Tech startup has prescription for ailing health care workforce pipeline
MSU Denver graduates build a platform that fills much needed front-line roles in patient care.
Kayla Wright-Jackson had moved to Atlanta to lead human resources at a home-health organization when she recognized a disconnect: Employers were having a hard time recruiting and retaining certified nursing assistants, or CNAs.
“One person ends up taking care of more than twice as many people as they should,” said the 2019 Metropolitan State University of Denver Master of Health Administration graduate. “The equation was simple: People are overworked and underpaid. That’s a recipe for burnout.”
So Wright-Jackson founded Transition, a tech platform built to bridge the gap between vocational training and employment opportunities and help fill entry-level front-line roles — such as CNAs and medical assistants — who are responsible for 85% of direct patient care.
“These health care-training providers produce over 70% of the health care workforce but are overlooked,” Wright-Jackson said. “Without the right tools and resources, it is challenging to reach future talent from the start.”
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Current health care vocational programs run three to eight weeks from start to finish. As a platform for recruiters, Transition fills a critical role by helping organizations partner with top training providers to recruit their students and provide sponsorship opportunities. Training providers are often in areas without the infrastructure to directly support students with financial assistance and employment opportunities.
“We want to be able to put candidates in roles where they can grow with their employers for a longer-term solution,” Wright-Jackson said.
This element is critical to fight burnout and turnover, as CNAs are often in transitory positions that can lead to jobs as Registered Nurses, nurse practitioners and others.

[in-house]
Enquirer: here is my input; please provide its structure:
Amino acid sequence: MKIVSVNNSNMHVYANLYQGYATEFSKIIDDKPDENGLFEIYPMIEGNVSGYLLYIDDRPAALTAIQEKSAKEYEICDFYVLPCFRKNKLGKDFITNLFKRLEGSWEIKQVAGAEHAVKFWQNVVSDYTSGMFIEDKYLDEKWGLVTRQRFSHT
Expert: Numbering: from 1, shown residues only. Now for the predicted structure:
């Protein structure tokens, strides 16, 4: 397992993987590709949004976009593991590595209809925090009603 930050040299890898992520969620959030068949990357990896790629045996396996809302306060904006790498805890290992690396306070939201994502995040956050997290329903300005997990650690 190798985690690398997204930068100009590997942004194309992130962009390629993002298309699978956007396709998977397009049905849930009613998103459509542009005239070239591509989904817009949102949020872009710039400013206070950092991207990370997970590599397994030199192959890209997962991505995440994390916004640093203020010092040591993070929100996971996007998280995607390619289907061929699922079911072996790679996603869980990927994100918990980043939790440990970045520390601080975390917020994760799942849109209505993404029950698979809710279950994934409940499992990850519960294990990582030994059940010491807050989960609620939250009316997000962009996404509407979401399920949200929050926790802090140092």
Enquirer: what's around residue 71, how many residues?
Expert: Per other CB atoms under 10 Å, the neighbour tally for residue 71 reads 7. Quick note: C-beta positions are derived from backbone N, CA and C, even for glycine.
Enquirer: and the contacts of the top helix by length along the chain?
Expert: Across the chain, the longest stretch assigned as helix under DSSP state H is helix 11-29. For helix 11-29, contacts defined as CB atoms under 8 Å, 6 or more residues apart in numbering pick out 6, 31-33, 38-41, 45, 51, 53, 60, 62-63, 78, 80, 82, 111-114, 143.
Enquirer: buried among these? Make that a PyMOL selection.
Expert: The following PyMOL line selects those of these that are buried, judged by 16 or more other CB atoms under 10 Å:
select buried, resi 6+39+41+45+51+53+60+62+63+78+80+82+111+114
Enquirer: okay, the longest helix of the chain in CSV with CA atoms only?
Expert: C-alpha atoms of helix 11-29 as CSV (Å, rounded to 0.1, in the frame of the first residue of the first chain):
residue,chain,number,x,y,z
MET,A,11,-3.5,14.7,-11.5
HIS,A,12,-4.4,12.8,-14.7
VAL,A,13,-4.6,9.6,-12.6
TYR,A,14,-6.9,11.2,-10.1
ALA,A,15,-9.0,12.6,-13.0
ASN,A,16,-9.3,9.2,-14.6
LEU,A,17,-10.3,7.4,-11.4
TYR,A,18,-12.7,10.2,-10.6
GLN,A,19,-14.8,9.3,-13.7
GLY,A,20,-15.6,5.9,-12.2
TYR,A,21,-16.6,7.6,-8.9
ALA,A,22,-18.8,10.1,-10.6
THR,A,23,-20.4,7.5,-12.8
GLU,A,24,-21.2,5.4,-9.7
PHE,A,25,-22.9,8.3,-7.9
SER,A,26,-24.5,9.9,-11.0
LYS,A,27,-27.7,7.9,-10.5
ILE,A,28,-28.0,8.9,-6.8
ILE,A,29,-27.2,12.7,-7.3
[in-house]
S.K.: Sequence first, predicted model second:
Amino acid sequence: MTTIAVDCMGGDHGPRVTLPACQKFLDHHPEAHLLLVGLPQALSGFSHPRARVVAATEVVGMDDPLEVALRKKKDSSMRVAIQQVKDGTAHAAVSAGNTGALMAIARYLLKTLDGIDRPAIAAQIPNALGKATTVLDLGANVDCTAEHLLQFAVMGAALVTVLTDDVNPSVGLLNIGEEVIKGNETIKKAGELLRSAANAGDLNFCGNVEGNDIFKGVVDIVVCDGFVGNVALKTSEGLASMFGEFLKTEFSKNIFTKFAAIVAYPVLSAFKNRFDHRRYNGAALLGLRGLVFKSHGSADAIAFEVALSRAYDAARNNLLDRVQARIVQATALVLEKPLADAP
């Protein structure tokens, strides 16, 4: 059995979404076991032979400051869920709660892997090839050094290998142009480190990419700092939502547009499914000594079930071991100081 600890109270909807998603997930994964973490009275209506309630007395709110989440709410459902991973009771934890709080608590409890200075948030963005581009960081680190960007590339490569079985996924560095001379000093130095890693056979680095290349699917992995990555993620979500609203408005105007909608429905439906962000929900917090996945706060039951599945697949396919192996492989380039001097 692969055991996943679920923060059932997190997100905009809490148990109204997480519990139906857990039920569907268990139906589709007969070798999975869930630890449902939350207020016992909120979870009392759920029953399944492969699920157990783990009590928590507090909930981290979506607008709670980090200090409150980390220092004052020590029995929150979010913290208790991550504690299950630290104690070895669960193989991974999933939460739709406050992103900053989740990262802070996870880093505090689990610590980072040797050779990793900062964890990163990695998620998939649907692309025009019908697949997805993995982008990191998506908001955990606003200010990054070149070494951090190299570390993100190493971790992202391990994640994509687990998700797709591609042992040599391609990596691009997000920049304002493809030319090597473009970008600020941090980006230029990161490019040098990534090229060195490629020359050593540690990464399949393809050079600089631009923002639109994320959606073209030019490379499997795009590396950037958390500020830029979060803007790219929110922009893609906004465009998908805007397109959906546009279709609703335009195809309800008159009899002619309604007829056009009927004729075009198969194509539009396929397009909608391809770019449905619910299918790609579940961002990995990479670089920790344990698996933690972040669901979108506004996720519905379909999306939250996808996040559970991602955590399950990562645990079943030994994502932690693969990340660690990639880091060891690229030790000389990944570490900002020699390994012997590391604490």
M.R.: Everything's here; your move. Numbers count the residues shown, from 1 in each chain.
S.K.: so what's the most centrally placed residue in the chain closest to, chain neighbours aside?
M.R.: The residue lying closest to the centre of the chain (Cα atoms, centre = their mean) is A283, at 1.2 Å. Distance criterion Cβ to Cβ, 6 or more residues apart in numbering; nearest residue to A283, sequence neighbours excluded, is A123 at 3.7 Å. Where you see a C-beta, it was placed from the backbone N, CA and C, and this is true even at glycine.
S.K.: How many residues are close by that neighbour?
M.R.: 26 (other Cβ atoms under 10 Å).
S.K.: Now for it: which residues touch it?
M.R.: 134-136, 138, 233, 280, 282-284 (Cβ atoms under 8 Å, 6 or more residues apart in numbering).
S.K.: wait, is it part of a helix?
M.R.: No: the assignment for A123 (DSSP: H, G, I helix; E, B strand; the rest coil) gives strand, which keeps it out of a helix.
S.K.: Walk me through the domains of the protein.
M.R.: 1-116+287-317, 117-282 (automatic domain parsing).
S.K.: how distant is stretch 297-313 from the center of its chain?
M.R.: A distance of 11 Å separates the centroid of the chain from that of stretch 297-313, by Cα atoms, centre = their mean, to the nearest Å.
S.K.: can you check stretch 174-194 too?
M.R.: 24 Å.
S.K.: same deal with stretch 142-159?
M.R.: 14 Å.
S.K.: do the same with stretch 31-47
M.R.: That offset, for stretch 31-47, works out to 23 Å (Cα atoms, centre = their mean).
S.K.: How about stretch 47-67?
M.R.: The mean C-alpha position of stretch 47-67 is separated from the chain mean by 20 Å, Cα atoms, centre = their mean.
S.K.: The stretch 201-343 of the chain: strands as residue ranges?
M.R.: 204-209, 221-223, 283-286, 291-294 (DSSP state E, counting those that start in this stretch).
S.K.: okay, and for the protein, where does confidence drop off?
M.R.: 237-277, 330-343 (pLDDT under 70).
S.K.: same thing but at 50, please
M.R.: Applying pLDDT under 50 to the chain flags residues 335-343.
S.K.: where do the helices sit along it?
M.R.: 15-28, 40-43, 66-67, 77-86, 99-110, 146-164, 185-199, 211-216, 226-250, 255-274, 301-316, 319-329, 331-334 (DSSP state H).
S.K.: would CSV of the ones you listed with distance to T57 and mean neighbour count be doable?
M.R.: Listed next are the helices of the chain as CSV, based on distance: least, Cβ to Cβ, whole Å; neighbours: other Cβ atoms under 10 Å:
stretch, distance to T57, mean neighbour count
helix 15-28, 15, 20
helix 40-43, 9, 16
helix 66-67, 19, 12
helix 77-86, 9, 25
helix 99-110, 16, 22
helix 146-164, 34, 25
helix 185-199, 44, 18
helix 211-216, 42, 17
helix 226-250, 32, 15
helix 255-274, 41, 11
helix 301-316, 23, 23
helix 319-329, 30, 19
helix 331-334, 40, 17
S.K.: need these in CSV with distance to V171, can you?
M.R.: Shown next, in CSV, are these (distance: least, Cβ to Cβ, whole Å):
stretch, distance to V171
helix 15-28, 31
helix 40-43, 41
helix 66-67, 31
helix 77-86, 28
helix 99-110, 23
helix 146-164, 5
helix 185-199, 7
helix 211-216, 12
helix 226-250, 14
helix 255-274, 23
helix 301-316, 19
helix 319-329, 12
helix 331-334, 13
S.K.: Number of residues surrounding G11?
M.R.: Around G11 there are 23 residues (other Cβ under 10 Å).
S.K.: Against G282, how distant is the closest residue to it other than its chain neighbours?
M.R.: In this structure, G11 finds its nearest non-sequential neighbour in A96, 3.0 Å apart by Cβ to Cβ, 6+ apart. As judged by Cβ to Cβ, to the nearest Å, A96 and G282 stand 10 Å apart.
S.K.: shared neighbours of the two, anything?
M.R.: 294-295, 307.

It’s a logistics question — but more than simple dot-connecting, it requires a nuanced understanding of operations and organizational culture. Which is why Wright-Jackson tapped fellow MSU Denver classmate Katrina Chaffin to become Transition’s chief operating officer.
“I saw firsthand how the workforce was impacted by the Covid-19 pandemic, exacerbating this lack of support for students into the field,” Chaffin said. “It was a great opportunity to reconnect (with Wright-Jackson) for such a great mission.”
Chaffin, an affiliate faculty member in MSU Denver’s Department of Health Professions (which is celebrating 50 years of the Health Care Management program), also noted the fast-paced growth of Transition.
Since launching in 2021, the company has helped more than 1,300 students from 27 training schools and 62 employers across Georgia, Texas, Colorado and Missouri, with plans to expand to the more than 12,000 training schools nationwide.
Transition was also accepted into the Jumpstart Foundry group for early-stage health care startups. Further accolades include participating in the Google for Startups Black Founders Fund, the Techstars Workforce Development Accelerator and Codefi’s 1ST50K and winning the Center on Rural Innovation pitch competition.
Along with co-founder Corey Shaw, Transition’s chief technology officer, the team members face a daunting task of providing care to rural communities and 71 million aging baby boomers at already short-staffed facilities. But MSU Denver students are resilient. If there’s not a clear path to change, they’ll make one.
Wright-Jackson noted Erin Seedorf’s Public Health class as particularly beneficial, specifically highlighting how facility operations and employee satisfaction contribute to positive patient-care outcomes.
“That hit home,” Wright-Jackson said. “I had a personal experience of my grandpa passing away from not getting the home care he needed. It’s been my ‘why’ behind starting Transition. And if we can help fill the in-demand workforce pipelines, it’s a great start.”